Types of Optimizers in Deep Learning Every AI Engineer Should Know


Deep learning is a great advancement over machine learning in terms of flexibility, higher accuracy, and a wide range of possibilities in industry applications. Whether it’s a chat application, grammar auto-correction, translation among different languages, fake news detection, or automatic story writing based on some initial wordings, Deep learning finds its usage in almost every sector. 

With this much usage, it becomes important that these algorithms run under minimum resources so we can reduce recurring costs and provide efficient results in less time. An optimizer is a method or algorithm to update the various parameters that can reduce the loss in much less effort. Let’s look at some popular Deep learning optimizers that deliver acceptable results.

Gradient Descent (GD)

This is the most basic optimizer that directly uses the derivative of the loss function and learning rate to reduce the loss and achieve the minima. This approach is also adopted in backpropagation in neural networks where the updated parameters are shared between different layers depending upon when the minimum loss is achieved. It is easy to implement and interpret the results, but it has various issues.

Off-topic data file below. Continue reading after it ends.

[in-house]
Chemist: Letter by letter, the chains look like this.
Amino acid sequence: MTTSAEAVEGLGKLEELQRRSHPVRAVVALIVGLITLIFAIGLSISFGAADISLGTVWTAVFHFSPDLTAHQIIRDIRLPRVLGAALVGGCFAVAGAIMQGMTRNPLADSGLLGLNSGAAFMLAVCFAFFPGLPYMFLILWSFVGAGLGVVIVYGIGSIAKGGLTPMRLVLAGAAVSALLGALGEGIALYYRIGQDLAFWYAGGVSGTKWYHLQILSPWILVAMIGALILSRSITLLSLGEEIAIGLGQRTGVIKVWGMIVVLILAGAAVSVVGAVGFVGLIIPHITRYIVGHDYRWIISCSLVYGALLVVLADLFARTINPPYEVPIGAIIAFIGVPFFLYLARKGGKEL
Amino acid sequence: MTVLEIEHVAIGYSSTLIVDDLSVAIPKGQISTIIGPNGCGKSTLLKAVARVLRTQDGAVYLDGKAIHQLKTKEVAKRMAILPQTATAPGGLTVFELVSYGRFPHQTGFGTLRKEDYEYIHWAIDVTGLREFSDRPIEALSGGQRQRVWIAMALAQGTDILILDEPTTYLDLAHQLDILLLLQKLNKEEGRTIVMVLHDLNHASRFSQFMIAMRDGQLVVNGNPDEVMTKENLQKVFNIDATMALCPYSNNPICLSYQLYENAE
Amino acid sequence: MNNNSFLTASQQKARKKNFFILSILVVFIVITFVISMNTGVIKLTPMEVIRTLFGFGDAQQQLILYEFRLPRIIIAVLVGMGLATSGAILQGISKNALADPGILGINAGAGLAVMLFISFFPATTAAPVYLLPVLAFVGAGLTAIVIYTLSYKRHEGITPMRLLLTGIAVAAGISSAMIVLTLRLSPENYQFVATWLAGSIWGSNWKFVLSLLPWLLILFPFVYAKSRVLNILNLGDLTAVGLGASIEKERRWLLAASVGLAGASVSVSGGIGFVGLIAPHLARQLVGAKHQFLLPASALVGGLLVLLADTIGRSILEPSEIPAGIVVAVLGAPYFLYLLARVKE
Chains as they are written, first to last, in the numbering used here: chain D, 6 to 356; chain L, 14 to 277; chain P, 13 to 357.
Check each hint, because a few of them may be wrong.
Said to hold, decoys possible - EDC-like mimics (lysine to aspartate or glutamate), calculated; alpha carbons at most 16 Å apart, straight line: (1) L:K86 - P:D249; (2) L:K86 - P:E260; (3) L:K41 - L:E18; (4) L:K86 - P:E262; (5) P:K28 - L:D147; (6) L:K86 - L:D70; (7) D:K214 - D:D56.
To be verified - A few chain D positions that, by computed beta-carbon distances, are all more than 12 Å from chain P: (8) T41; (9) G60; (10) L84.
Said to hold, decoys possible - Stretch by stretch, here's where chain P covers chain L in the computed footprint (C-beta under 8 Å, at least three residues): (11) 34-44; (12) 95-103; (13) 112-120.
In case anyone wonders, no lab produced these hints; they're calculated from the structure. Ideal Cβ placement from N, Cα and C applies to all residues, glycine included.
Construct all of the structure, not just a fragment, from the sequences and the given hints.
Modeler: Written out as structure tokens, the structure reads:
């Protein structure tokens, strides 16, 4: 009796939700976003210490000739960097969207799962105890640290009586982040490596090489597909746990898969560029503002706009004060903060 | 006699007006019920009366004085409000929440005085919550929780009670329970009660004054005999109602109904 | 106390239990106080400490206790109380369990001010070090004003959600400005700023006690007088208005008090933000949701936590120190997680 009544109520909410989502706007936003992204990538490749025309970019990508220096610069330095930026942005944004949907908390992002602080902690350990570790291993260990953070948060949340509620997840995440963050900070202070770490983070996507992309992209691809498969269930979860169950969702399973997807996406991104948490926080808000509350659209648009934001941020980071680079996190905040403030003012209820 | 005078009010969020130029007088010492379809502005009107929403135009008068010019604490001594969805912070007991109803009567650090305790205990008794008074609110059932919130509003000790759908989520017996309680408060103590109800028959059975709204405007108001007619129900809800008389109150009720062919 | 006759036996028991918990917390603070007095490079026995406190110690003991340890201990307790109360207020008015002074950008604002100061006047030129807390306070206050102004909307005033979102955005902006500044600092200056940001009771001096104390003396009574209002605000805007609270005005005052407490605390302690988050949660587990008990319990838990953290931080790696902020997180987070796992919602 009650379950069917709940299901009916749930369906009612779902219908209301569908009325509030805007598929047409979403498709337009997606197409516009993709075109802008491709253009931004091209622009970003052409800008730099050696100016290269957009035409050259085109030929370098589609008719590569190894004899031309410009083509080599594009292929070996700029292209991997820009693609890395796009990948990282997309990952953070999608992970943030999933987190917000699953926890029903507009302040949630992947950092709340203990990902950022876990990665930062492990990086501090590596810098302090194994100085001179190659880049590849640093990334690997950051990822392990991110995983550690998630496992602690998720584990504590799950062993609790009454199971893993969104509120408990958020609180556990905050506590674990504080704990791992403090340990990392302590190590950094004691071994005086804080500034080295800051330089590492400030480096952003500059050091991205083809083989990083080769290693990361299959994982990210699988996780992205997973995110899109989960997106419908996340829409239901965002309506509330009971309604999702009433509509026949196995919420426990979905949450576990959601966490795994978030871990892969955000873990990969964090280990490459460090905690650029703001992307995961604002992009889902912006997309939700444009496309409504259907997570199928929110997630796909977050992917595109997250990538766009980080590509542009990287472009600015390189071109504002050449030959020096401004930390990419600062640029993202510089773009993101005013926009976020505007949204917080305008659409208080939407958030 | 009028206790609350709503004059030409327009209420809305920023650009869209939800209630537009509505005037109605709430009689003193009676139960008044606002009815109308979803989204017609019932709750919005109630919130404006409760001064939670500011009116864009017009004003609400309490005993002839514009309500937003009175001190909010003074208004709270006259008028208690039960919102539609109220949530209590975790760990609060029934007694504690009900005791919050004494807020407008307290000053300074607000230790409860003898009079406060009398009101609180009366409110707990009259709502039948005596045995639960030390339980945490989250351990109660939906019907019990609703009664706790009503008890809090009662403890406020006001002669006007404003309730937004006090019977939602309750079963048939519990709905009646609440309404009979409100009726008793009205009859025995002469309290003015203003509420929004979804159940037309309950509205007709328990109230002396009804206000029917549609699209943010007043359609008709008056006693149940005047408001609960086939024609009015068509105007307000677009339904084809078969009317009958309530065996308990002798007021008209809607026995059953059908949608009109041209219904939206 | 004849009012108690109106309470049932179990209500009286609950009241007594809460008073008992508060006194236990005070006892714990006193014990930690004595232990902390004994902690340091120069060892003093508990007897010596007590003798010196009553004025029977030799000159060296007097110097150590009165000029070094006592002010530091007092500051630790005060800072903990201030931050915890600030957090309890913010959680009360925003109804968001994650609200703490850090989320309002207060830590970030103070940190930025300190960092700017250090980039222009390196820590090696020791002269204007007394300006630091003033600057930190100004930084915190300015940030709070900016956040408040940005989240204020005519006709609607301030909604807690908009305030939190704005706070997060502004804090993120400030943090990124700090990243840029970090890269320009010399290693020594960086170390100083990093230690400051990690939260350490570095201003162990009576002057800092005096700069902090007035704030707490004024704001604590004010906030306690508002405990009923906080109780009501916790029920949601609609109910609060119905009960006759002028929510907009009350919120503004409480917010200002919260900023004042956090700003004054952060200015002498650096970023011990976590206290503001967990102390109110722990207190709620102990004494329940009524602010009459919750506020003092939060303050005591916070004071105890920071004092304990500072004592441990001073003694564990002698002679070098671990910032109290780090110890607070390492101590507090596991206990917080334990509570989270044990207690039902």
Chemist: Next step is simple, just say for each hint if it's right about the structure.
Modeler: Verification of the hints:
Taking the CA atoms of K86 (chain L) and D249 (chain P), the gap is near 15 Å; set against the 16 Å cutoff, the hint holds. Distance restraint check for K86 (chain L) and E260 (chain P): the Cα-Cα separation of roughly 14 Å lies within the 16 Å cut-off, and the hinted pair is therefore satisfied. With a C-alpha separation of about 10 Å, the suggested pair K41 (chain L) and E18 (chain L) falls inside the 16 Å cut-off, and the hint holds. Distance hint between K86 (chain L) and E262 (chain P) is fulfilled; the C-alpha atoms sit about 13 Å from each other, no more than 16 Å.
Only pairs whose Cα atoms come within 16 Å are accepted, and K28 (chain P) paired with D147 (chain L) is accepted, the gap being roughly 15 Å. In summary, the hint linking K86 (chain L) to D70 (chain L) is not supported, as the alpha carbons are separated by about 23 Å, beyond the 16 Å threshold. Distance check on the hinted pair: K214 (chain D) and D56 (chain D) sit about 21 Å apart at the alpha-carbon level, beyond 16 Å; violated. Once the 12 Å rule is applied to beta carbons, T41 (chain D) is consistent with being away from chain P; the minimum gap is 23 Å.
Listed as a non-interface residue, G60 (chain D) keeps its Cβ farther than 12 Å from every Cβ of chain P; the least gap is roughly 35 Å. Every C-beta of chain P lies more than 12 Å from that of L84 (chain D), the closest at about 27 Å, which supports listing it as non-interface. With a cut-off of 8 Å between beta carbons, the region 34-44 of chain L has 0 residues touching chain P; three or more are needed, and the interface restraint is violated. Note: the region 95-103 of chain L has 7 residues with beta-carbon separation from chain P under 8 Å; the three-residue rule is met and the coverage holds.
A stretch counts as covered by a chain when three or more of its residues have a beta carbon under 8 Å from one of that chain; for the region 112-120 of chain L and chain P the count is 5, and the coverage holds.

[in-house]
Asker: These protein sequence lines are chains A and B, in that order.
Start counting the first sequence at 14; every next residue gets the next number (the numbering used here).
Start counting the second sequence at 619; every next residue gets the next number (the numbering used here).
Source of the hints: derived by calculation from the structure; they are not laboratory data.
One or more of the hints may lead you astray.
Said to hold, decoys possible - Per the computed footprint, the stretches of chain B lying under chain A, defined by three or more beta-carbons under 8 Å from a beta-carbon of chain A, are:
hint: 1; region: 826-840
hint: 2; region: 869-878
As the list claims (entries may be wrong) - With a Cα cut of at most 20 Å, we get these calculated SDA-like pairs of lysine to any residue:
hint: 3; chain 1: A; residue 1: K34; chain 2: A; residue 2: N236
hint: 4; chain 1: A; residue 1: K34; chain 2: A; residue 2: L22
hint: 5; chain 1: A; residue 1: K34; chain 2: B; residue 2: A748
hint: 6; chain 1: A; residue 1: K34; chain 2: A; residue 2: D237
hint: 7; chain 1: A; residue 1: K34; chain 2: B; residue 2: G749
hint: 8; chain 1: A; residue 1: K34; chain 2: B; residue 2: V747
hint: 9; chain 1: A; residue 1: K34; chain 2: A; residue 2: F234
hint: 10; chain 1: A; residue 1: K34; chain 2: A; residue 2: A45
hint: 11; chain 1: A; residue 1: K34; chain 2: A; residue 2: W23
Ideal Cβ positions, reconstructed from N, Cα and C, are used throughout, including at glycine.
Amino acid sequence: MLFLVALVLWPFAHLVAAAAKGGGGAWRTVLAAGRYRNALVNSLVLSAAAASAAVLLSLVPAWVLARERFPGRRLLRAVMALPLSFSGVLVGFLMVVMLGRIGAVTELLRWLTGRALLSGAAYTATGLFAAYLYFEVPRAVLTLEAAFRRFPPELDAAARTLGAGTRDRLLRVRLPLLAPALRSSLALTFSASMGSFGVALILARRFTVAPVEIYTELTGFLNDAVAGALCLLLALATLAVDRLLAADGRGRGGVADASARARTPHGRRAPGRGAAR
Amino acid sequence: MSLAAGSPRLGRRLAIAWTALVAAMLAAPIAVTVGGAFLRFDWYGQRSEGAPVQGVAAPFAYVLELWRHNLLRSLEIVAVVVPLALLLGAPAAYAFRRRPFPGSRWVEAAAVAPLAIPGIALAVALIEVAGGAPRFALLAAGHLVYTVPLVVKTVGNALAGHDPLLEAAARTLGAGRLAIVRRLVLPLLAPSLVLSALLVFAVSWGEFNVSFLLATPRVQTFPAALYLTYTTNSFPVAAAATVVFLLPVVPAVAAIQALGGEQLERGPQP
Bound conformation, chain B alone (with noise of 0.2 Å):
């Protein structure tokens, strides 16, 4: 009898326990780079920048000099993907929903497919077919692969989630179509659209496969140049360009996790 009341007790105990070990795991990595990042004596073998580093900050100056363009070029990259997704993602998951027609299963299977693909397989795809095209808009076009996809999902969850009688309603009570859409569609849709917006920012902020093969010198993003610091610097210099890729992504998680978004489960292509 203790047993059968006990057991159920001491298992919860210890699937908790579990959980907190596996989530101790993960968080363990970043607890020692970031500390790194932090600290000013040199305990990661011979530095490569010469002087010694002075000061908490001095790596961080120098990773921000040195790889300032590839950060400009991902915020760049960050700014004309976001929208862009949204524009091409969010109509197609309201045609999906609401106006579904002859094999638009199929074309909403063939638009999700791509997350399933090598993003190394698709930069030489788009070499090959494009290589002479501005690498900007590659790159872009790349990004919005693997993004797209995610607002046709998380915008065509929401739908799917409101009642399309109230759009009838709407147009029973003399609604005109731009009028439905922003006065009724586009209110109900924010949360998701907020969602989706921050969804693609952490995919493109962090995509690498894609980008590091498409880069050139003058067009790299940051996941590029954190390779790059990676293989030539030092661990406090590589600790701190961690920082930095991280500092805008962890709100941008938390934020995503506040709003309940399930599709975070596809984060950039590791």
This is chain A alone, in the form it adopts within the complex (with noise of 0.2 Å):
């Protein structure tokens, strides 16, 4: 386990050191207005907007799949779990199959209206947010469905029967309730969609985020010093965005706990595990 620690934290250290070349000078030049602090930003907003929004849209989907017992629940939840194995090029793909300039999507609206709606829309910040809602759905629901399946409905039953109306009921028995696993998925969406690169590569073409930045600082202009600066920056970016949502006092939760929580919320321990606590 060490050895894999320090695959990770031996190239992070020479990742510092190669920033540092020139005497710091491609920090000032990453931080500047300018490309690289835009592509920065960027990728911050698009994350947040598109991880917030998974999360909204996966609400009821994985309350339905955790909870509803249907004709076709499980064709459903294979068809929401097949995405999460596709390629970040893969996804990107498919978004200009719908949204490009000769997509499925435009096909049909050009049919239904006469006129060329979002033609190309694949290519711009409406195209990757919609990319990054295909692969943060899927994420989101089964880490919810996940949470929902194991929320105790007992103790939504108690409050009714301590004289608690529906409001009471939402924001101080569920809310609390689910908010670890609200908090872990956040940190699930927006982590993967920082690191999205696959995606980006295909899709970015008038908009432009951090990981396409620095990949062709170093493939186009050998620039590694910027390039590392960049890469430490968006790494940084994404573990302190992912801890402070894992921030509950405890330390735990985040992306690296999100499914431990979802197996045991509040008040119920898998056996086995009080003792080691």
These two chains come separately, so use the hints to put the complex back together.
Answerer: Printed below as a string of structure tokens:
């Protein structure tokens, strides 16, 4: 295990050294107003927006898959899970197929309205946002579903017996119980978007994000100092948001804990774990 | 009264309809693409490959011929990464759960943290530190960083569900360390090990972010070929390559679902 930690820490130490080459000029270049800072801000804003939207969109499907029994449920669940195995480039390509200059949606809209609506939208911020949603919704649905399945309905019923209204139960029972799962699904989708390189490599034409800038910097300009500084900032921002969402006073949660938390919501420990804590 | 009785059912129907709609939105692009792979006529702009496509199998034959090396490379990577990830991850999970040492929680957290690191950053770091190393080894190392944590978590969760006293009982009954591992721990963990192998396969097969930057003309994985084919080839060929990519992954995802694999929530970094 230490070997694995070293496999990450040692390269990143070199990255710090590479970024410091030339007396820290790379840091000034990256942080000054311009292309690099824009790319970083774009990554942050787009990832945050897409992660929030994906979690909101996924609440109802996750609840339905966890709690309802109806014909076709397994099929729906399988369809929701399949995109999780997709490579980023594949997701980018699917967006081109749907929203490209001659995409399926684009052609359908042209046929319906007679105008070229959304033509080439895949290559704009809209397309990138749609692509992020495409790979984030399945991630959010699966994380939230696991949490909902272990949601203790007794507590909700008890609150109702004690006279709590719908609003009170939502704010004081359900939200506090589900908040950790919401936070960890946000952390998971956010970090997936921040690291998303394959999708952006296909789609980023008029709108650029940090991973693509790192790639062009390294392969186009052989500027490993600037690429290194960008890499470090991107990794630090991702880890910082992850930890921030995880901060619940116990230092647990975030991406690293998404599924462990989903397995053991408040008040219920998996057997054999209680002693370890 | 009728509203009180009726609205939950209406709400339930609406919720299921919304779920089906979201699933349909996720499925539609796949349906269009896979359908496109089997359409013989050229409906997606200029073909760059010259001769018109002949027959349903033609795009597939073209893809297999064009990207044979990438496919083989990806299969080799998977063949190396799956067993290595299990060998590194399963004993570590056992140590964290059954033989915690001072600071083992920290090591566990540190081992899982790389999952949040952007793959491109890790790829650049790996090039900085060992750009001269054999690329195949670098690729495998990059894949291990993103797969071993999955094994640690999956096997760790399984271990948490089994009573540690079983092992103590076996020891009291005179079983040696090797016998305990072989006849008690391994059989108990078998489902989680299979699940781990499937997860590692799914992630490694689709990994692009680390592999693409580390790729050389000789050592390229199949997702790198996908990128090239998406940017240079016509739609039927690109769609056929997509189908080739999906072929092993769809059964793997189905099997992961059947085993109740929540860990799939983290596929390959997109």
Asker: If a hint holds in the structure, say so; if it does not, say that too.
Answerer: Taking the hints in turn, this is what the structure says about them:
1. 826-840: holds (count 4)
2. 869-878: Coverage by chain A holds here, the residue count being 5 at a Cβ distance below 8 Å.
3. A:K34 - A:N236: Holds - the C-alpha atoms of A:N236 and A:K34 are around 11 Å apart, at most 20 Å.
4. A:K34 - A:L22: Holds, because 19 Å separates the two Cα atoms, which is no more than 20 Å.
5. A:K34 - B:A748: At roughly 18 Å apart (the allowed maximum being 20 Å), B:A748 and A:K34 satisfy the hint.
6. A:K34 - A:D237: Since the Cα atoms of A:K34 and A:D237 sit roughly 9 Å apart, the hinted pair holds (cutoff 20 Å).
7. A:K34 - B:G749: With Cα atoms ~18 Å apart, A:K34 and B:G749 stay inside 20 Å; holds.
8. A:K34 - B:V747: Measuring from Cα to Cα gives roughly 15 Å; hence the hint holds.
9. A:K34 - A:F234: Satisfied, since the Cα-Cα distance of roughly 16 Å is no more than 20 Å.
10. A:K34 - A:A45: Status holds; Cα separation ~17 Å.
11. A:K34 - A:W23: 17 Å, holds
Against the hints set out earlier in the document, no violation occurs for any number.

The weights are updated when the whole dataset gradient is calculated, which slows down the process. It also requires a large amount of memory to store this temporary data, making it a resource-hungry process. Though the idea behind this algorithm is well suited, it needs to be tweaked.

Stochastic Gradient Descent

This is a changed version of the GD method, where the model parameters are updated on every iteration. It means that after every training sample, the loss function is tested and the model is updated. These frequent updates result in converging to the minima in less time, but it comes at the cost of increased variance that can make the model overshoot the required position.